3. We should continue to rely on the voluntary principle in fighting rural fires. This is not only because it is far and away the cheapest alternative. It underlines local responsibility, and mobilising large amounts of volunteer labour in a crisis seems the most effective way of dealing with the intermittent nature of rural fires.
4. Local application should be matched by national standards. That is to say, the principle that rural fires require local methods must be modified to ensure that standards for such key matters as equipment, training and communications must be common and therefore set nationally.
5. Finally, where fires spread across local boundaries, what was needed was better coordination rather than greater direction from the centre.
What We Found
The major faults we saw in our examination were also five, but you could say that they all focussed on the single theme of fragmentation, the fragmentation that had followed the end of the Forest Service which, it was belatedly becoming clear, had quietly underwritten the rural system:
1) The end of the Forest Service was threatening a haemorrhage of firefighting expertise. The Service provided help, training and equipment to rural fire authorities, and the super smoke chasers to deal with critical fires. These experts were still around in the Ministry of Forestry but since the Ministry did not fight fires that expertise was unlikely to be maintained. And there seemed to be no framework to take the Forest Service's place. Legislation did not set any standards or minimum requirements because these had been done in practice by the Forest Service.
2) Because of this there were widely fluctuating levels in local capabilities. The big problems had been taken care of by the Forest Service (“We were spoilt by the Forest Service" one authority said to us frankly). With the Service gone it was clear that a number of rural fire authorities were simply too small or too financially pressed to meet their responsibilities. There were no minimum standards for training, equipment or fire plans, and no means of checking these standards even if they had existed.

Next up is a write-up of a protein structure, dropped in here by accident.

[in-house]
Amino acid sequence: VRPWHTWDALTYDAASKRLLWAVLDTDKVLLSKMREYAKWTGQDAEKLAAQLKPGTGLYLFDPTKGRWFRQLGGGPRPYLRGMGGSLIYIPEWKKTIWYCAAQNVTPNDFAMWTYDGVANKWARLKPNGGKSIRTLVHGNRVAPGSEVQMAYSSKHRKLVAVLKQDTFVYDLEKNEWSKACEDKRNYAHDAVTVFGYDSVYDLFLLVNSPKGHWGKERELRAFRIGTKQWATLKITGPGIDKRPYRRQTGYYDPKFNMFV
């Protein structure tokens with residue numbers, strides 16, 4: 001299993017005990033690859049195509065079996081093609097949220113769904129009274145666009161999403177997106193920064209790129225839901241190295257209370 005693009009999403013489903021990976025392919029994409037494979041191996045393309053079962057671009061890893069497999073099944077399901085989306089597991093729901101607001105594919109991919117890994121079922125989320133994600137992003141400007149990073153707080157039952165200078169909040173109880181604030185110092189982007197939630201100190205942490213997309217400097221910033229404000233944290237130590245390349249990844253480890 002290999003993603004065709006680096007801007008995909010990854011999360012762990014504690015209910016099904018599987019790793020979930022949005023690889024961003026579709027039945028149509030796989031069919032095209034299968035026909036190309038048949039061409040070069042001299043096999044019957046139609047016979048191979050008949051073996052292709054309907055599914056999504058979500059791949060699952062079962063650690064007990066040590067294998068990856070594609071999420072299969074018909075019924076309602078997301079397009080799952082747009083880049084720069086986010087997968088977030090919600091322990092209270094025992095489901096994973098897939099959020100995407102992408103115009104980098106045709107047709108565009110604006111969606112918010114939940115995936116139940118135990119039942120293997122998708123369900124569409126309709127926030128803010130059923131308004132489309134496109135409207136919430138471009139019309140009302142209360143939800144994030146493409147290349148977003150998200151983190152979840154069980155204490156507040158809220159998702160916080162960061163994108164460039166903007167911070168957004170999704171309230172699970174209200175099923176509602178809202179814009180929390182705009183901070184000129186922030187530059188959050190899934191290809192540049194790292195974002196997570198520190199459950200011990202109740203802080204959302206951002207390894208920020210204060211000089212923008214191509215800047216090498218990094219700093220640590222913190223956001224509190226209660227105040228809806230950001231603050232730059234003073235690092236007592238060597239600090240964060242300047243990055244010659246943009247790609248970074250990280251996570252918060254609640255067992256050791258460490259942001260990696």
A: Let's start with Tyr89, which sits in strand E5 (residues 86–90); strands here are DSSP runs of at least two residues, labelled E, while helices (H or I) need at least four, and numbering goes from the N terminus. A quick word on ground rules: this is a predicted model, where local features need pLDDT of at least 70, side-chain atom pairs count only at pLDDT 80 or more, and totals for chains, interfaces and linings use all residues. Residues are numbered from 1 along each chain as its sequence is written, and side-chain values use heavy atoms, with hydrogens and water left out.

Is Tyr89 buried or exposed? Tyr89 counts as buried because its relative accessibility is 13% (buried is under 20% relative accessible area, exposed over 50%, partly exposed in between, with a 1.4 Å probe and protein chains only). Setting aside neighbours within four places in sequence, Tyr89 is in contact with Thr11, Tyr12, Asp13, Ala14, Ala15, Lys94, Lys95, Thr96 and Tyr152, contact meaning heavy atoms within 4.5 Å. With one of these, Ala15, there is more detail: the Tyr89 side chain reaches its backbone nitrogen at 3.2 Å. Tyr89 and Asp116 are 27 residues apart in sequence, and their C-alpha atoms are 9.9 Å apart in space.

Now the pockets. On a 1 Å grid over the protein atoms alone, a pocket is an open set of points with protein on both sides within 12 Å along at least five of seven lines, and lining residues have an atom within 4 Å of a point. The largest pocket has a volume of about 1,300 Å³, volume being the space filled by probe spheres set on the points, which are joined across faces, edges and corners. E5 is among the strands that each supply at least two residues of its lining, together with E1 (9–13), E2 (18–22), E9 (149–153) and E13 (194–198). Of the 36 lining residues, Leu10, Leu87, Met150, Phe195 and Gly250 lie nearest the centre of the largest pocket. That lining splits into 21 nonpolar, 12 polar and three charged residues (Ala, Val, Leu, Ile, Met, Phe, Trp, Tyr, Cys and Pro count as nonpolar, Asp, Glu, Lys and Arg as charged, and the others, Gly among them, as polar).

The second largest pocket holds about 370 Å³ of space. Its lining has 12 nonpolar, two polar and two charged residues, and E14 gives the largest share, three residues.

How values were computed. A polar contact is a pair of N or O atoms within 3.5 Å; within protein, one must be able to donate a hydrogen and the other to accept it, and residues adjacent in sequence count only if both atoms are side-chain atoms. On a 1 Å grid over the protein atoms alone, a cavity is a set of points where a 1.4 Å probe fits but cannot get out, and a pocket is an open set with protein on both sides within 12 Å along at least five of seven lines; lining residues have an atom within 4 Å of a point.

3) Further evidence of the risks of fragmentation was the increasing signs of coordination difficulties among rural authorities when a fire crossed boundaries, or when it came to sorting out the costs. In the South Wairarapa, where I now live, work was held up at the height of a blaze while the two counties involved tried to apportion the costs. This was an obvious affront to common sense.
4) There was confusion over the role of the Fire Service. Although there was no legal requirement to do so, the Fire Service went in practice to any rural fire it could reach. With better roads and communications that reach was expanding steadily (it attended over 4,500 rural fires in the year we studied). But it had no acknowledged position in the rural firefighting system and was uncertain about what sort of training and equipment it could usefully provide to its volunteer brigades in the country.
5) Finally and inevitably, there were funding problems. It seemed to us (though plenty disagreed) that the problem was not so much a lack of funds as that the money was not getting to where it was most needed. The big problem for local authorities were the periodic but big blazes which were costly to fight and too expensive to fund or even to plan for in any one year. There was a Rural Firefighting Fund but access to it was tightly constrained. The unintended result was that authorities were strapped for cash and contractors were not being paid for months. What was needed was a simpler funding system providing better incentives for people to fight fires rather than accountants and, as we said in our report, ‘’to tackle dangerous fires quickly and boldly".
After we had mulled over and argued about these problems, we tried a first cut at some draft recommendations which we put to Cabinet on 26 June. These were not firm. We wanted to give Cabinet an idea of the direction of our thinking and get its authority to undertake a round of public consultation to test and where necessary amend our views. As many of you will remember, we then took the show on the road, holding meetings in six locations from South Otago to Auckland, talking to over 300 people and industry groups and receiving a further 60 submissions. All this considerably lengthened our draft report but also helped us to identify and tackle the hotspots.